Humans diminish towards mid-day. And then
We vanish. Fedoras. Polish sopranos.
The afterlife unravels before our eyes while angels
Cross the stone bridges back to Heaven.

I've been drunk ever since.

We might view Revell's poetry then as that of witness or testimony—"If I tell you that the bicycle belongs to God, / I've told you only God is alive"—but not only that, Revell's poetry attempts to transcend mere reportage in order to become the experience itself. Because of this, Tantivy's imagery plays to the eye.

I lift my eyes
And my eyes
Teach me to roost
A secular bird
Ages and ages of lives
Garmented by God with nets
Of frost in a dream really
And snow of every kind
The drums were slowly falling
Through the cold darkening air

Here in "Stag," we see how the act of looking is both the poet's and the reader's. We must follow and look deeply into his gaze to understand, to experience. Revell neither creates easy poems nor intentionally obscures their meaning. Instead, he simply attempts to do what he prays God does for him:

Beloved lost reciprocal
Restore to me
My infant eye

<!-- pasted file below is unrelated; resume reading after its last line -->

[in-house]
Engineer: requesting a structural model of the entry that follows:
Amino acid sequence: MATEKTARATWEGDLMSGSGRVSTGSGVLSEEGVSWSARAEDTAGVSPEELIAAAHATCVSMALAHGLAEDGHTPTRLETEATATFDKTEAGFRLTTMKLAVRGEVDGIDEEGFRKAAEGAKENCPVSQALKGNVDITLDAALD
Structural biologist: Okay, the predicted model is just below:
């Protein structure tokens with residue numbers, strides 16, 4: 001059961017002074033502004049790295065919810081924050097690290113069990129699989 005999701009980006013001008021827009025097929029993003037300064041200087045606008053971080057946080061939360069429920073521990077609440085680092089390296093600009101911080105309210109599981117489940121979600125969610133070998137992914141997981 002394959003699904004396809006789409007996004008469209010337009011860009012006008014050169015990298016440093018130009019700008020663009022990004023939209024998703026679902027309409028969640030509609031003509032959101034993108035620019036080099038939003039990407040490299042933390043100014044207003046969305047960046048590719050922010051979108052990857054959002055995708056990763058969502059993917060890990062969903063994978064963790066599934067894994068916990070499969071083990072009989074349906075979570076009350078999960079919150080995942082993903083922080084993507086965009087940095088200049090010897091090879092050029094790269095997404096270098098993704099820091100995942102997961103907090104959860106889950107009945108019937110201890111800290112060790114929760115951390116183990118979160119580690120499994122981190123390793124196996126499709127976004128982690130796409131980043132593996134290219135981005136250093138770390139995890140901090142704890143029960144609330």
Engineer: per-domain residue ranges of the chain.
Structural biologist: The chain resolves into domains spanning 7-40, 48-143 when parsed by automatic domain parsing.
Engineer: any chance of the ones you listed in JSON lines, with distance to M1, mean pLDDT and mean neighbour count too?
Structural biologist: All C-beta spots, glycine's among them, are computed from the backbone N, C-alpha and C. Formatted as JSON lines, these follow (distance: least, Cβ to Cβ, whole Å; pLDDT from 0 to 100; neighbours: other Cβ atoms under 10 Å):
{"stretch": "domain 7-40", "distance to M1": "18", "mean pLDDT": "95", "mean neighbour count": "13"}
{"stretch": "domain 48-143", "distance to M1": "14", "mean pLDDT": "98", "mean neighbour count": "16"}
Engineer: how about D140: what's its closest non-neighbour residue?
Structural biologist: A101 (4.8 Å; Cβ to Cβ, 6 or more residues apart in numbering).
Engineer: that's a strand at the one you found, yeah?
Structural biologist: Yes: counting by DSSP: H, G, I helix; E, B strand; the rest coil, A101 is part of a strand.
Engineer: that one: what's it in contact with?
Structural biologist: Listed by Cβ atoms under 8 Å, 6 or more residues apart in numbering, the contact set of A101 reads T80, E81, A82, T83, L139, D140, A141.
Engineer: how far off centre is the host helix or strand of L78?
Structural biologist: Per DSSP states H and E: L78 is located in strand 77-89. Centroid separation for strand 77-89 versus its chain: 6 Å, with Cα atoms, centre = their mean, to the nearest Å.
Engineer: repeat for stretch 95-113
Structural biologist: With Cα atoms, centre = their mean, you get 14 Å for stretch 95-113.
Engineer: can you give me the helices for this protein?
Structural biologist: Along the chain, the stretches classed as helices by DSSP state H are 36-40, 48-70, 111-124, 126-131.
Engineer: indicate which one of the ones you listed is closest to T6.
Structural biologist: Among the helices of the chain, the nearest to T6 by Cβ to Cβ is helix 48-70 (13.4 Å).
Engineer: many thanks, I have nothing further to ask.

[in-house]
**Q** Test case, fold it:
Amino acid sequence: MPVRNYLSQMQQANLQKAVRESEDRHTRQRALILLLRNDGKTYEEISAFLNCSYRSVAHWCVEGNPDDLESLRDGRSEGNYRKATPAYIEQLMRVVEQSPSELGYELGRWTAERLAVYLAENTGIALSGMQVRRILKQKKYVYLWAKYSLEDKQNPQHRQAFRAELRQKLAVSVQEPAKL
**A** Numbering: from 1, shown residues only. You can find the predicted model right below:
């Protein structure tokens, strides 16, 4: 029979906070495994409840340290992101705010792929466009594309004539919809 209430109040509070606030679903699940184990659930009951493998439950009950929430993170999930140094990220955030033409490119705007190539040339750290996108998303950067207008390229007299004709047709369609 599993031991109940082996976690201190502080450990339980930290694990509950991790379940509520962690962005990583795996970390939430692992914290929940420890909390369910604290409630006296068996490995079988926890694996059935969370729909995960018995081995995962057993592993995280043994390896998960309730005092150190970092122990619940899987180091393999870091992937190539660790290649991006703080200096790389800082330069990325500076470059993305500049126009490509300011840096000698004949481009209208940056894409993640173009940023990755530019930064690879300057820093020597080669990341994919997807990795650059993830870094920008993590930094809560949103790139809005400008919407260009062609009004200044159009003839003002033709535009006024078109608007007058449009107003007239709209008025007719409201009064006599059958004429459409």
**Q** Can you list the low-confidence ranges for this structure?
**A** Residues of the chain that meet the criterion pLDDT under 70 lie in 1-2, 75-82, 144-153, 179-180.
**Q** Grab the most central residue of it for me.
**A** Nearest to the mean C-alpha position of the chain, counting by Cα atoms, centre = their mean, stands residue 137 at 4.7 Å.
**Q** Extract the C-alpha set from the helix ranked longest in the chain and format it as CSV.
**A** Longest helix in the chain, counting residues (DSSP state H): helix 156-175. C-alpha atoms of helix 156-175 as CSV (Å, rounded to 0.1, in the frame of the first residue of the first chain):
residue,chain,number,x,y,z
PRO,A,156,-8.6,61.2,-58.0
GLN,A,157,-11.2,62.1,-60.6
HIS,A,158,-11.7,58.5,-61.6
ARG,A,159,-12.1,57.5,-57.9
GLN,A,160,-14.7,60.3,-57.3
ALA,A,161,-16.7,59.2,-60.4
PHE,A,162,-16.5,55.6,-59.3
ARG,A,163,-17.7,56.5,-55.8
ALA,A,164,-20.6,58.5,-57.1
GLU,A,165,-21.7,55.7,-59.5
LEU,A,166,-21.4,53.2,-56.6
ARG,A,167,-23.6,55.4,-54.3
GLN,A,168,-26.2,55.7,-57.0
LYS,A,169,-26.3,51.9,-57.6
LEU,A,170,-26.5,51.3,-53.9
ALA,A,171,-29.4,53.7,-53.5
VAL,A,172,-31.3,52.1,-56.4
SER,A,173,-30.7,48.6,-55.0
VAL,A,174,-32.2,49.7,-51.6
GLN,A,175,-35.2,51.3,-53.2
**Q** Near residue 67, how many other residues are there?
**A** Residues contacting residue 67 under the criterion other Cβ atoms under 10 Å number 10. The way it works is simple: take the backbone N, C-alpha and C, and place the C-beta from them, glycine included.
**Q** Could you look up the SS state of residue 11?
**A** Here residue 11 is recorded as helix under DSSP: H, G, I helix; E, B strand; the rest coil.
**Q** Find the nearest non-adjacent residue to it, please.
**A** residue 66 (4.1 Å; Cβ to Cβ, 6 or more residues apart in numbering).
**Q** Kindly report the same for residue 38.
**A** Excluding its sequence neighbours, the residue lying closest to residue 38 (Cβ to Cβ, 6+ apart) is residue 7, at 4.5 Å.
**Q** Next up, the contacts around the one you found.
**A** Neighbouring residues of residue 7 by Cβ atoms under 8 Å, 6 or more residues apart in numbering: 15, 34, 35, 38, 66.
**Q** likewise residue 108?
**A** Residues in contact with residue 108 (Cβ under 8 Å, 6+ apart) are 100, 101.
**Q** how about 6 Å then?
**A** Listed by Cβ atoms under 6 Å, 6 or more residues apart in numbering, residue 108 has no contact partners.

In every experience, Revell desires to see all things new again and in doing so, he hopes to achieve transcendence beyond the mundane. Small gestures sublime the ordinary into the extraordinary, such as in these three lines of "Stags":

Stags are small
By which I mean to say
Each is handful of snow

Revell begins with the real—the stags—and transforms the real into the miraculous—"Each is a handful of snow." Poetry then becomes the medium in which the miraculous can occur, in which there's a "sparrow becoming / The world's end" and where a speaker

Became an anthology piece
Translated along with many others
Out of the French into your small arms
Though I am a phantom

Are those your children on the stairs?

Yes, and they are angry with God
Who does not spare the finch but gives him eyes

Revell's faith in God and life inherently asserts a faith in poetry. (Is it too absurd a thought?) In a world of mass consumption, poetry that demands to be savored, to be aged in the cask of the brain, transfigures the reading of words into the reading of life. "To see the sovereignty of what is seen," Revell writes in Attention, "is, quietly, really to worship." If we love poetry then why would we ever insist on easy poetry? Easy poetry requires no devotion to it. Revell's Tantivy is certainly not poetry for the everyman but he's also not exactly a poet's poet. Neither term fits Revell because his poetry is not concerned with the designations outside of his own charge, his own faith. We need more poets with that belief, those who seek to elevate poetry to the level of worship, regardless of creed or non-creed, to make poetry both a promise as well as a sovereign, if not holy space, a site we come to, all of us as pilgrims.